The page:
Lecture notes for Monday, February 11


How mechanical forces cause geometrical shapes

Genes -----> Forces -----> Anatomy


How do genes cause anatomy?

A) Stimulating cyto-differentiation at specific locations.
B) Differential growth and mitosis of cells.
C) Movements & rearrangements of differentiating cells.

(which can be caused or controlled by cadherins and other cell-cell adhesion molecules)

Higher plants have no cell locomotion; (no "C", above) So plants create anatomical shapes using only A & B.

Incidentally, there is a large field of research which is the plant equivalent of embryology. Much of it is about auxin, ethylene and other low molecular weight plant "hormones" that control locations of cell growth and mitoses. In graduate school, I was very lucky to be required to take a one-semester course on plant development taught by Ian Sussex and Arthur Galston.

If you want to learn more about this subject, I can guide you. The UNC Biology Dept. has many researchers on Plant Development.


Historically, researchers have tended to guess that localized and directed growth of cells should be used to create anatomical patterns and movements. But such explanations consistently turn out wrong.

The following specific examples are illustrated above:

Epiboly in fish gastrulation was thought to be pushed by cell growth; But researchers discovered that the real causes were locomotion of enveloping layer cells combined with spreading of the yolk syncytial layer.

Neurulation was claimed to be pushed by cell growth; but was discovered to be pulled by acto-myosin contraction of the neural plate's concave surface.

The theory that enlargement of blastocoels gets pushed by directed mitoses was supported by correlations between times of mitosis and times of increased volume. But water is actively pumped into blastocoels, which collapse if punctured, and then quickly re-inflate.

Budding of Hydra, sponges etc. was long assumed to be produced by localized and directional growth of cells. Labeling studies prove that the real cause is cell rearrangement. Tentacles are made of cells that had been part of the trunk, which spontaneously rearrange to make narrower cylinders.

animation of hydra budding

"Feather germs" are the mesodermal precursors of bird feathers and reptile scales, and are formed by localized spots of higher cell population densities . Their highly regular positions were believed to result from more mitoses at those spots. But it turned out that mesenchymal cells get pulled into clumps.

Eruption of teeth is still assumed by most dentists to be driven by pressures of localized cell growth by cells between each tooth. However, surgical removal of tooth roots in rodents did not slow down tooth eruption. One theory is that traction is exerted by mesenchymal cells adhering to sides of teeth.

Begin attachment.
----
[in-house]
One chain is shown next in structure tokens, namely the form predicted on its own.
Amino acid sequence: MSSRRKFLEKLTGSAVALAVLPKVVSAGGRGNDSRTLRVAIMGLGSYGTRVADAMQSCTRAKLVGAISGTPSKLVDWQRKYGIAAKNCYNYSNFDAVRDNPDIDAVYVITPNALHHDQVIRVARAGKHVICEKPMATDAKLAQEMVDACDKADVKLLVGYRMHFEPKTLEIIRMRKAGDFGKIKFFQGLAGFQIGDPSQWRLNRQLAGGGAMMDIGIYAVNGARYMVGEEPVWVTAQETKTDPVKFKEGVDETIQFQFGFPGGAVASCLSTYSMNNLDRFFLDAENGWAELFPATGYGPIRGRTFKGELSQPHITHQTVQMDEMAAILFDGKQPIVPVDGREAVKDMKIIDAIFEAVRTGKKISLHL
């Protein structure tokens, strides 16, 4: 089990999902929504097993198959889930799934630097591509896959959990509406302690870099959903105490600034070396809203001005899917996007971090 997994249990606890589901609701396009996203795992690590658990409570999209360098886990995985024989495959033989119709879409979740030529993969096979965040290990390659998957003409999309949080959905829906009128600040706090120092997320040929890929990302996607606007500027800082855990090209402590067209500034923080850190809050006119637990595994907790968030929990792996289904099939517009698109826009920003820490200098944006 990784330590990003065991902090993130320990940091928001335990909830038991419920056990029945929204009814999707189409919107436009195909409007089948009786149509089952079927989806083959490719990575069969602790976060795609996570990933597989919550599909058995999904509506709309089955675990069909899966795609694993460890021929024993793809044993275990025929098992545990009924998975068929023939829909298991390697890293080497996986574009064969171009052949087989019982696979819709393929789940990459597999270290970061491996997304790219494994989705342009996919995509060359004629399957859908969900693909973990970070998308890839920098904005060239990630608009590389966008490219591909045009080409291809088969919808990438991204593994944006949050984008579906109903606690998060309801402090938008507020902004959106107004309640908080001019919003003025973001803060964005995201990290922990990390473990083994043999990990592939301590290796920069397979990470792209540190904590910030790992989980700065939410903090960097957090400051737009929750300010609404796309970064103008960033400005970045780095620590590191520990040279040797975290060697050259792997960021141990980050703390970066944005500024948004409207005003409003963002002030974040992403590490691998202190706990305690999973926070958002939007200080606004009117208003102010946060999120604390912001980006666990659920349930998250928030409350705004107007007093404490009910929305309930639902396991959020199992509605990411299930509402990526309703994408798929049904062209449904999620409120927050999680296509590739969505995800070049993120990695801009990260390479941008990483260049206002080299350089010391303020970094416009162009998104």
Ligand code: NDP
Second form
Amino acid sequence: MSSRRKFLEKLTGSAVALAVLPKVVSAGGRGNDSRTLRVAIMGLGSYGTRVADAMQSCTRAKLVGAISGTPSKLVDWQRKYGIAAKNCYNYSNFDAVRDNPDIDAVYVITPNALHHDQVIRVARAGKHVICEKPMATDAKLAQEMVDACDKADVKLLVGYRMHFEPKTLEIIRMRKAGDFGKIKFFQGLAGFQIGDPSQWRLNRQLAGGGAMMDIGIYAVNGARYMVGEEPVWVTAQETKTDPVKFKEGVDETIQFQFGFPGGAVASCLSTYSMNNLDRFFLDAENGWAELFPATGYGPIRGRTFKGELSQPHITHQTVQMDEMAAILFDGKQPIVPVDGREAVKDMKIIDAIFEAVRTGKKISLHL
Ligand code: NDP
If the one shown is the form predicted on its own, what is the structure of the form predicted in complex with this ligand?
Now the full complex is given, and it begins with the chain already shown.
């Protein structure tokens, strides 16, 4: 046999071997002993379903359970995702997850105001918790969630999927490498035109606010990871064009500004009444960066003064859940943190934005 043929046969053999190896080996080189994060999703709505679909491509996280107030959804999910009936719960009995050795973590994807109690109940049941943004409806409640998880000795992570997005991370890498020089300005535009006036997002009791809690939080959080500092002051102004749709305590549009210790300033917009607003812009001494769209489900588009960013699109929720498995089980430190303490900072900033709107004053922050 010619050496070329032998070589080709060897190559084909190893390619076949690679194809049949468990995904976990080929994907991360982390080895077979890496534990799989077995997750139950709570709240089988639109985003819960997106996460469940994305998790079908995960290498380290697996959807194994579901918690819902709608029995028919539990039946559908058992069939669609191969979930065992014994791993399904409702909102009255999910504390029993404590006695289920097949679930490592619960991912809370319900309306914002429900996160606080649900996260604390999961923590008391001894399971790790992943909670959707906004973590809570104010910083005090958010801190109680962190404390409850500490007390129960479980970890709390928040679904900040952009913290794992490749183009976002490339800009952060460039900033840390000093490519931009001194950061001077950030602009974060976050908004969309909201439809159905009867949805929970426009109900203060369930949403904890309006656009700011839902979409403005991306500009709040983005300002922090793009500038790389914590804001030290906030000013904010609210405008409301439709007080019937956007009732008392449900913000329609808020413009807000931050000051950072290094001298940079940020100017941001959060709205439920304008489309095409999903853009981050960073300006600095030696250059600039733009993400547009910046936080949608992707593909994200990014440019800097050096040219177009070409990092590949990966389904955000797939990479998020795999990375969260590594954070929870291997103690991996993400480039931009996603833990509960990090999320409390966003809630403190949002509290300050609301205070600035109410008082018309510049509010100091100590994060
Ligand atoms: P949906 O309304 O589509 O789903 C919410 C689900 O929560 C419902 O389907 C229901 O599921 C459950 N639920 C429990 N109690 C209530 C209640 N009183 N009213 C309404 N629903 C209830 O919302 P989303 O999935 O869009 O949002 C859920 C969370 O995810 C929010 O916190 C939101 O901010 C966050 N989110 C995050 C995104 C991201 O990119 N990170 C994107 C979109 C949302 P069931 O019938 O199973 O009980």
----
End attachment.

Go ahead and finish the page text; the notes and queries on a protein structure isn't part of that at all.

Although nearly all cell types of our bodies exert traction and crawl actively, it is not impossible for pulling forces to be exerted by formation and enlargement of adhesions

This photograph shows "wetting" of S-shaped and H-shaped areas of polystyrene Petri dishes on which sulfuric acid had been used to write these letters.


Many structures of the body are mechanically equivalent to water balloons.
Each has a interior pushing out, inflating a flexible surface.

Ten examples:

a) Hollow blastulas (sea urchins) and blastocysts (mammals)

b) The brain, and the rest of the central nervous system, are a hollow, fluid filled tube.
The pressure of this cerebro-spinal fluid inflates the brain more than the spinal cord.
Lobes of the brain are created by more inflation at certain places than elsewhere.

A simple experiment is to poke a small hole in any part of the neural tube, and reduce the pressure to near zero. Insertion of a hollow glass tube will prevent the hole from closing. This results in the brain lobes not inflating.

c) The eyeball is inflated with a weak gel, which acts like a liquid. Inserting a hollow glass tube through the eyeball will prevent its inflation. (Dr. Coulumbre proved this, at the NIH)

d) Teleost oocytes form their upward-bulging blastodisc by cytoplasmic pressure pushing against a circle where the contractility of the cell cortex is weaker than elsewhere.

e) Cleavage (cytokinesis) of all animal cells is caused by strengthening of cytoplasmic acto-myosin in the circumferential direction in a belt-like contractile ring that pinches the cell in two after mitosis (And separate from the mechanism of chromosome movement in mitosis).

f) Polar body formation is a special unequal form of cytokinesis, that follows each meiotic division of oocytes.

g) Cartilages expand by electro-osmotic pressure pushing outward against resistance of collagen and elastin fibers. These fibers wrap around the outside of each cartilage, and also run through the interior of the cartilage. Visualize water balloons with very gooey water inside, and with nylon threads and rubber bands wrapped around the outside, and also running through the interior.

h) Notochords are tightly packed with weak, vacuolated, jelly-like, cells; and are tightly wrapped with sheets of collagen fibers, running in spirals.

i) Blood vessels (arteries, veins, capillaries) are lined with a special kind of thin epithelial cells named "endothelial cells", which are wrapped by collagen fibers, smooth muscle cells, and fibroblasts. It's an unasked mystery what mechanism wraps them with collagen. Another is why smooth muscle cells orient circumferentially; perpendicular to what contact guidance usually produces!

j) The chambers of the heart?


Curvature = angular change of the tangent line per distance
(angular change per distance along a curve)

video (with narration), showing a simple computer program to graph curvature

This was not shown in class, but please watch it.



The Radius of Curvature = 1 / divided by curvature
(and has units of distance per radian of angular change)
(also, it is the radius of the circle that would most closely approximate a given section of a curve)